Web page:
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 Running Apex with restricted file permissions
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131 Posts
Posted - June 01 2005 :  10:54:51 AM  Show Profile Send a private message to admin
If I am not given administrative rights on my PC will Apex still run?

Edit 7/29/2014: If you are installing Apex 10.8 or above you do not need to worry about these installation options. Simply install Apex from the installation CD (or network share).

Answer:
If you are not given administrative rights to your computer, Apex may not have permission to write to files that it needs to use to configure the database engine, store your user preferences, and other issues.

Apex can be easily configured to run without administrative rights and permissions, but the administrator that installs the Apex program on your computer needs to perform a few additional steps.


  1. Ensure all users have full access to the BDE directory. By default this is at c:\program files\common files\borland shared\bde.

  2. By default, Apex tries to write a small amount of information (called the Schema Cache) to the Windows directory. For Apex to operate correctly you need to either: grant the user full access to the Windows directory, move the Schema Cache to another directory where the user has full write acccess, or disable the Schema Cache. To move or disable the Schema Cache use the BDE Administrator to edit the ApexCS database alias and set the Schema Cache Directory or set Schema Cache to FALSE. (Ensure that it is still FALSE when you log in as a non-admin user.) Note that disabling the schema cache will slow down performance slightly when Apex opens new forms.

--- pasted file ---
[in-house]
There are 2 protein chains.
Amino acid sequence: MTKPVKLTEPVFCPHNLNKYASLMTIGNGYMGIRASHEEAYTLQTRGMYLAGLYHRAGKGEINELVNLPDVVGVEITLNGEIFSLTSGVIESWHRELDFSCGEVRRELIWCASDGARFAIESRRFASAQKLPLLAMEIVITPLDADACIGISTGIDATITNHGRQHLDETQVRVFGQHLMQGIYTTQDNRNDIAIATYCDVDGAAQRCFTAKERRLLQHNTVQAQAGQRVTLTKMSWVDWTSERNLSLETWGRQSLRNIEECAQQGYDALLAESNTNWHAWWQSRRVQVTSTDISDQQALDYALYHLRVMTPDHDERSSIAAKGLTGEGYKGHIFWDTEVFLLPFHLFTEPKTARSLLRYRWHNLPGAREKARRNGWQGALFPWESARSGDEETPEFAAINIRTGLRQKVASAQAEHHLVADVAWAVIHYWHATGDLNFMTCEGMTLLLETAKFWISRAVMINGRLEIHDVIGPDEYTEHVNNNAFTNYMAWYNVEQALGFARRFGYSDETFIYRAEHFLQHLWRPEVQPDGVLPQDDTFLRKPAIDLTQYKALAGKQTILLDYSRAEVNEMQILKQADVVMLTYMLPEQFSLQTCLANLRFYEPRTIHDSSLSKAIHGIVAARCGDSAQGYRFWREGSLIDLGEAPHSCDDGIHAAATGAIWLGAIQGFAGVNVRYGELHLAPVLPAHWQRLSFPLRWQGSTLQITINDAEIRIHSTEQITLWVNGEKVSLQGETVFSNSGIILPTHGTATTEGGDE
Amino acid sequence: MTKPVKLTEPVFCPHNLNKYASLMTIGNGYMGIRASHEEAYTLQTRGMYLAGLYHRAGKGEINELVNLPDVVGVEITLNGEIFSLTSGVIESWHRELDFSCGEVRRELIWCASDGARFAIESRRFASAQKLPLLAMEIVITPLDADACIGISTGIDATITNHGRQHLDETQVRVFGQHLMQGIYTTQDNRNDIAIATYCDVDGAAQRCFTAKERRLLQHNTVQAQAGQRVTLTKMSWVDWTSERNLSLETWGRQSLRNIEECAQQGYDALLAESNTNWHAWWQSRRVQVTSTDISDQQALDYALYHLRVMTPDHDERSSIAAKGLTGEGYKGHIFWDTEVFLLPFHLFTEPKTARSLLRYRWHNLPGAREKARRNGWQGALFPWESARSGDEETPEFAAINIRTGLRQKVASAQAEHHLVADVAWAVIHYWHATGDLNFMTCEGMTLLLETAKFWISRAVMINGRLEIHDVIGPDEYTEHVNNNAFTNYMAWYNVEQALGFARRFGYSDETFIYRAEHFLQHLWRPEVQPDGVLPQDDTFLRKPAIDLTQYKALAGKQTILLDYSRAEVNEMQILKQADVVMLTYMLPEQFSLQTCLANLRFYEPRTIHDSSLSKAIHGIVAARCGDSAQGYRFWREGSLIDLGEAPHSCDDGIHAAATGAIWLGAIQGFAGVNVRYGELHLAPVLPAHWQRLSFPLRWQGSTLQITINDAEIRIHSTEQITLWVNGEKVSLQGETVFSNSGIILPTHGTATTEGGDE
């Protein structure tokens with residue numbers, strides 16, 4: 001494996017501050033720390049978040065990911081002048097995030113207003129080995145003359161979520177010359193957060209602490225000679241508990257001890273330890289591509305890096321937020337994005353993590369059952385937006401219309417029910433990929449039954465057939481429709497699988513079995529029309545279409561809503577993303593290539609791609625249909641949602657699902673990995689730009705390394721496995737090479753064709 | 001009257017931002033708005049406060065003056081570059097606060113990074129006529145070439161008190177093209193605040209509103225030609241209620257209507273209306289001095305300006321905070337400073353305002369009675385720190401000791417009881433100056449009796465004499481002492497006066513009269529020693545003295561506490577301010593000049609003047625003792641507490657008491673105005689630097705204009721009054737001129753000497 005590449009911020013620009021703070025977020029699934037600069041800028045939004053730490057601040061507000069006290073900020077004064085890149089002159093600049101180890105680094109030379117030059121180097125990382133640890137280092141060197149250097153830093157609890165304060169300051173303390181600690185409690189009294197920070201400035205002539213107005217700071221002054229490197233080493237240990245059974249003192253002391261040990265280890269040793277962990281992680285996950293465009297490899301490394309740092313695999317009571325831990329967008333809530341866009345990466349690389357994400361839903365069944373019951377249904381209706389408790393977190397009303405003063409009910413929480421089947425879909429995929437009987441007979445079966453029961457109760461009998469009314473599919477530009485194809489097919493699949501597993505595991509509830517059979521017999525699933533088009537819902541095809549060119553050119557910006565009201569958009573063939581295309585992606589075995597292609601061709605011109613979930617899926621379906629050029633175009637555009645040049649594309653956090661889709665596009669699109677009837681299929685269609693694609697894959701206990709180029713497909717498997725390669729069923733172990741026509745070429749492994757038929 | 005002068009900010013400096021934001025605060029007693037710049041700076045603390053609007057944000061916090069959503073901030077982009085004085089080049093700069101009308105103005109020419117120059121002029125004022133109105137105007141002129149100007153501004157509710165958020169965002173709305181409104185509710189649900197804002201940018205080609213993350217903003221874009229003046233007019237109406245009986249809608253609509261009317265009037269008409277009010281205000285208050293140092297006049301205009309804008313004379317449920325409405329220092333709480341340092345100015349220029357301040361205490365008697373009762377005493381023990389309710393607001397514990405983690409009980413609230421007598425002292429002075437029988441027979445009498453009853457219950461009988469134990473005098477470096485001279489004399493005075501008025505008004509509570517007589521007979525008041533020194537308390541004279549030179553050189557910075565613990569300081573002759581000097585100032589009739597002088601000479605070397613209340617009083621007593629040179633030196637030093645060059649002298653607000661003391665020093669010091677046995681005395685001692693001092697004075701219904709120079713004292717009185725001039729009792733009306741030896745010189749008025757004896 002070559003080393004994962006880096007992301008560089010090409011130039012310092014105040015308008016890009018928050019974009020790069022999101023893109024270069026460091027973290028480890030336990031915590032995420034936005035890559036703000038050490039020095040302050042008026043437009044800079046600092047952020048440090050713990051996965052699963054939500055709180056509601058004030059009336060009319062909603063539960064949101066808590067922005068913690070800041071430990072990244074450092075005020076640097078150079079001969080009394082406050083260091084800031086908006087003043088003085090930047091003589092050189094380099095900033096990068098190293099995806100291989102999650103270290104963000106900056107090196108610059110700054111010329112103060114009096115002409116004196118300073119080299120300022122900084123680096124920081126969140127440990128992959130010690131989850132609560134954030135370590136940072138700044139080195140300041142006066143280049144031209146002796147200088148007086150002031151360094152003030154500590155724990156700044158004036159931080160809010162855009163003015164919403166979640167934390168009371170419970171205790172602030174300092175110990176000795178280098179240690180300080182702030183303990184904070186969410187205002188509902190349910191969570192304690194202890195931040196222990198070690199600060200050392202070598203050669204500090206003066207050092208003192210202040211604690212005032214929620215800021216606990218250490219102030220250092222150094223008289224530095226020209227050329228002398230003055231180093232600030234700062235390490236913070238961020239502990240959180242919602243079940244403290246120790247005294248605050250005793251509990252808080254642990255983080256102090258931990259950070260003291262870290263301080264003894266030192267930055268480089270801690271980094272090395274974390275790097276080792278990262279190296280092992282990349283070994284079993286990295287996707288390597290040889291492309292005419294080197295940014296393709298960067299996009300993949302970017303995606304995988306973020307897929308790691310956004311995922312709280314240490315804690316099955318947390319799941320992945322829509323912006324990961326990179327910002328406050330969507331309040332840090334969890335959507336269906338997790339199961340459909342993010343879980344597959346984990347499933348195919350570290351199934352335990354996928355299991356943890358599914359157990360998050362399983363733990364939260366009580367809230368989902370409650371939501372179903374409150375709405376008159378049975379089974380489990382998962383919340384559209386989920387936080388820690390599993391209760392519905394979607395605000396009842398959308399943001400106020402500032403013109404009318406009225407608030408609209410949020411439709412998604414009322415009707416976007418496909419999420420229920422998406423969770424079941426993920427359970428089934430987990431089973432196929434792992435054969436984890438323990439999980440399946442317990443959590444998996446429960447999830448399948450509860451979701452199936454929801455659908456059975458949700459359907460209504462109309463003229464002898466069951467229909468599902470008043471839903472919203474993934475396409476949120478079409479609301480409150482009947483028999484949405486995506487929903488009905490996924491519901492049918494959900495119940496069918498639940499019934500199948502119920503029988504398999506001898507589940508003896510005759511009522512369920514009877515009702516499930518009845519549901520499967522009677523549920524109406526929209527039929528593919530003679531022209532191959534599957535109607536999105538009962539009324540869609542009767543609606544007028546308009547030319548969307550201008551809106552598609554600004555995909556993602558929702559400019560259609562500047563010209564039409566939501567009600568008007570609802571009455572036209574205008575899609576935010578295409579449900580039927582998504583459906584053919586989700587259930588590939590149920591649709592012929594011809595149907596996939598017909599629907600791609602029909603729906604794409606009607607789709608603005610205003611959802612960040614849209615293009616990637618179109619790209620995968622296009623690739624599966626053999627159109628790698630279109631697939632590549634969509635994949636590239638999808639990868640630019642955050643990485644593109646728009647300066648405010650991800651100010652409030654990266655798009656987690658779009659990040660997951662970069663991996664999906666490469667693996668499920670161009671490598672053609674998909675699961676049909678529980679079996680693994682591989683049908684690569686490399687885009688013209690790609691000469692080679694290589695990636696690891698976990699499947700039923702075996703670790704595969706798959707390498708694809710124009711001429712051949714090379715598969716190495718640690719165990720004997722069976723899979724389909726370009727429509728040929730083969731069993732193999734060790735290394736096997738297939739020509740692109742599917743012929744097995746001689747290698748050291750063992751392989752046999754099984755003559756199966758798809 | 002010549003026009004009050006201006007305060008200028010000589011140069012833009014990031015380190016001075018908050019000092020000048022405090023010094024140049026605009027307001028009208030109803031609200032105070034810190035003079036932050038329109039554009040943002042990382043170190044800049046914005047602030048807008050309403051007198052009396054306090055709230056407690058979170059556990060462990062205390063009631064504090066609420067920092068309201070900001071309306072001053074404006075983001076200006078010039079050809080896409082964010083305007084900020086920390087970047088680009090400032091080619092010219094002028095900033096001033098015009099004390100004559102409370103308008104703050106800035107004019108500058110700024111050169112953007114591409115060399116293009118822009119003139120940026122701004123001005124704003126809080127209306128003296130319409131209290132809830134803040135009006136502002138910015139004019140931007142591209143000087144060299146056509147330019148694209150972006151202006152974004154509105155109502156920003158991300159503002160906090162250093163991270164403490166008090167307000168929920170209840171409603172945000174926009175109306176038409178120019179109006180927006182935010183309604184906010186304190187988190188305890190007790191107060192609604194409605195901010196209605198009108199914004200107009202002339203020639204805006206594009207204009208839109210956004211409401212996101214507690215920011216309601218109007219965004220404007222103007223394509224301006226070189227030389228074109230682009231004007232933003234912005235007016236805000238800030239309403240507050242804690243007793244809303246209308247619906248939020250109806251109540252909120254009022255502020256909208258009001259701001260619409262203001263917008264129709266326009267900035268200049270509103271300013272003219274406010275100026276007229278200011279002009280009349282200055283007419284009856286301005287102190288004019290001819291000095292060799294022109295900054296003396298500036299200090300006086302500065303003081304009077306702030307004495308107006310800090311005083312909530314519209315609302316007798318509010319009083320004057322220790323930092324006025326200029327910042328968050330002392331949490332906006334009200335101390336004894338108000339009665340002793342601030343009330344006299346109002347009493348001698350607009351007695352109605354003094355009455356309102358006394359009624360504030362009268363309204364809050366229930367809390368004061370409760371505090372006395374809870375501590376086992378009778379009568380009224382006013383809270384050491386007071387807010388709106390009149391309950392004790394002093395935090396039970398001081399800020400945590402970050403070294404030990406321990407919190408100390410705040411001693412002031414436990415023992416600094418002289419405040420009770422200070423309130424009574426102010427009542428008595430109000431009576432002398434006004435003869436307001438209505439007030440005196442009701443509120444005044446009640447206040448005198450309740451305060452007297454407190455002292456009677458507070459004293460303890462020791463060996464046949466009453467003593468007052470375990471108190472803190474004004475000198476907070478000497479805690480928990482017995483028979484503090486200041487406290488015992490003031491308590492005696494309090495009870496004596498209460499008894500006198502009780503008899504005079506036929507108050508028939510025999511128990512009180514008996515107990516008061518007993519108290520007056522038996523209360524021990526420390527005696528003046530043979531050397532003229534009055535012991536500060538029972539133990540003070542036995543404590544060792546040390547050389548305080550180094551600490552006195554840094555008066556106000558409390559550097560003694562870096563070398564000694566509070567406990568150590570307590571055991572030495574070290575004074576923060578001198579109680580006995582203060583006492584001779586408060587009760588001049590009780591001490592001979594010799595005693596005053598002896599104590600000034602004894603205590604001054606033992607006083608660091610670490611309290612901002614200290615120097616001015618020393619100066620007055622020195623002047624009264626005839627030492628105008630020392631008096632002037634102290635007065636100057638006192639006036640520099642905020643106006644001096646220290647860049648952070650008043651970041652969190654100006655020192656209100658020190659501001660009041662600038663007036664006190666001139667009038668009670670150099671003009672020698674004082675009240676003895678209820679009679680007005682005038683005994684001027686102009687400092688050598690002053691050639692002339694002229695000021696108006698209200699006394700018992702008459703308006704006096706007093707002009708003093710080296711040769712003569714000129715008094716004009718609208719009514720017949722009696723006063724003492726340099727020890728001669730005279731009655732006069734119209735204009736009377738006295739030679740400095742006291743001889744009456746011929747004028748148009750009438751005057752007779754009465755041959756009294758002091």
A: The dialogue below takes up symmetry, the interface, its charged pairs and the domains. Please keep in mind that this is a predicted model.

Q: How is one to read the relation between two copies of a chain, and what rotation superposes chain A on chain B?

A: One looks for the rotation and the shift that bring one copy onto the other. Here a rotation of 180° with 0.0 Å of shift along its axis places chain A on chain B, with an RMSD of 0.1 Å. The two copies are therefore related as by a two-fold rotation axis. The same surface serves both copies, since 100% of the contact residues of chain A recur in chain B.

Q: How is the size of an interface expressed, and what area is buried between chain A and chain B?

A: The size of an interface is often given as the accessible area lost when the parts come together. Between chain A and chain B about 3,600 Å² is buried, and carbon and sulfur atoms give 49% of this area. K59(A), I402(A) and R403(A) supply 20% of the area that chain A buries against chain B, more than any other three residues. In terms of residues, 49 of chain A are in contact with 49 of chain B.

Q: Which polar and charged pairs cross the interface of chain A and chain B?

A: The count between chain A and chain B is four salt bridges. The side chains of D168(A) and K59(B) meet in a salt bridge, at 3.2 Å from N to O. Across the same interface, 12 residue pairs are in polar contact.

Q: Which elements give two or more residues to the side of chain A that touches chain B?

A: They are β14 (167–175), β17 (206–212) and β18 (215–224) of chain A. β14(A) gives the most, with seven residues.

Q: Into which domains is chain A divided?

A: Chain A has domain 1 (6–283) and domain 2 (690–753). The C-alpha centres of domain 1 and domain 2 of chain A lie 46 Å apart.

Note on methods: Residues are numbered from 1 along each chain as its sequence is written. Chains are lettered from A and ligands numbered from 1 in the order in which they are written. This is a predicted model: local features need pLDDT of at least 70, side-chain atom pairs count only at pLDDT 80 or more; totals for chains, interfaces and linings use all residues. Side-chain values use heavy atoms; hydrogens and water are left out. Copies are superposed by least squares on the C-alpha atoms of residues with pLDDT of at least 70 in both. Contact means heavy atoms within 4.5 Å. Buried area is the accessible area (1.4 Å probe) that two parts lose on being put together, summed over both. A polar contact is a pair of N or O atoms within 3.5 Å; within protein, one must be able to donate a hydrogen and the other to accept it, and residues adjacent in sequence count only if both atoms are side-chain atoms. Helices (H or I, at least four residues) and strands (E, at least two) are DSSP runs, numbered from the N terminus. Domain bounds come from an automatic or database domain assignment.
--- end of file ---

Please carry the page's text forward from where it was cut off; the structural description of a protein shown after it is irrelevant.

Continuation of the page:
3. Ensure that all users have full read/write access to the [HKEY_LOCAL_MACHINE\SOFTWARE\Borland\Database Engine] registry key. (Note that by default they probably don't.)

  4. The Apex.ini file stores local workstation configuration settings. The Apex user will need to have full access to this file, which is located in the Windows directory.

The administrator should run Apex at the end of the installation and make sure that it operates correctly. Then, if a non-administrative user has trouble we know for certain that the problem is a file or registry permission problem.



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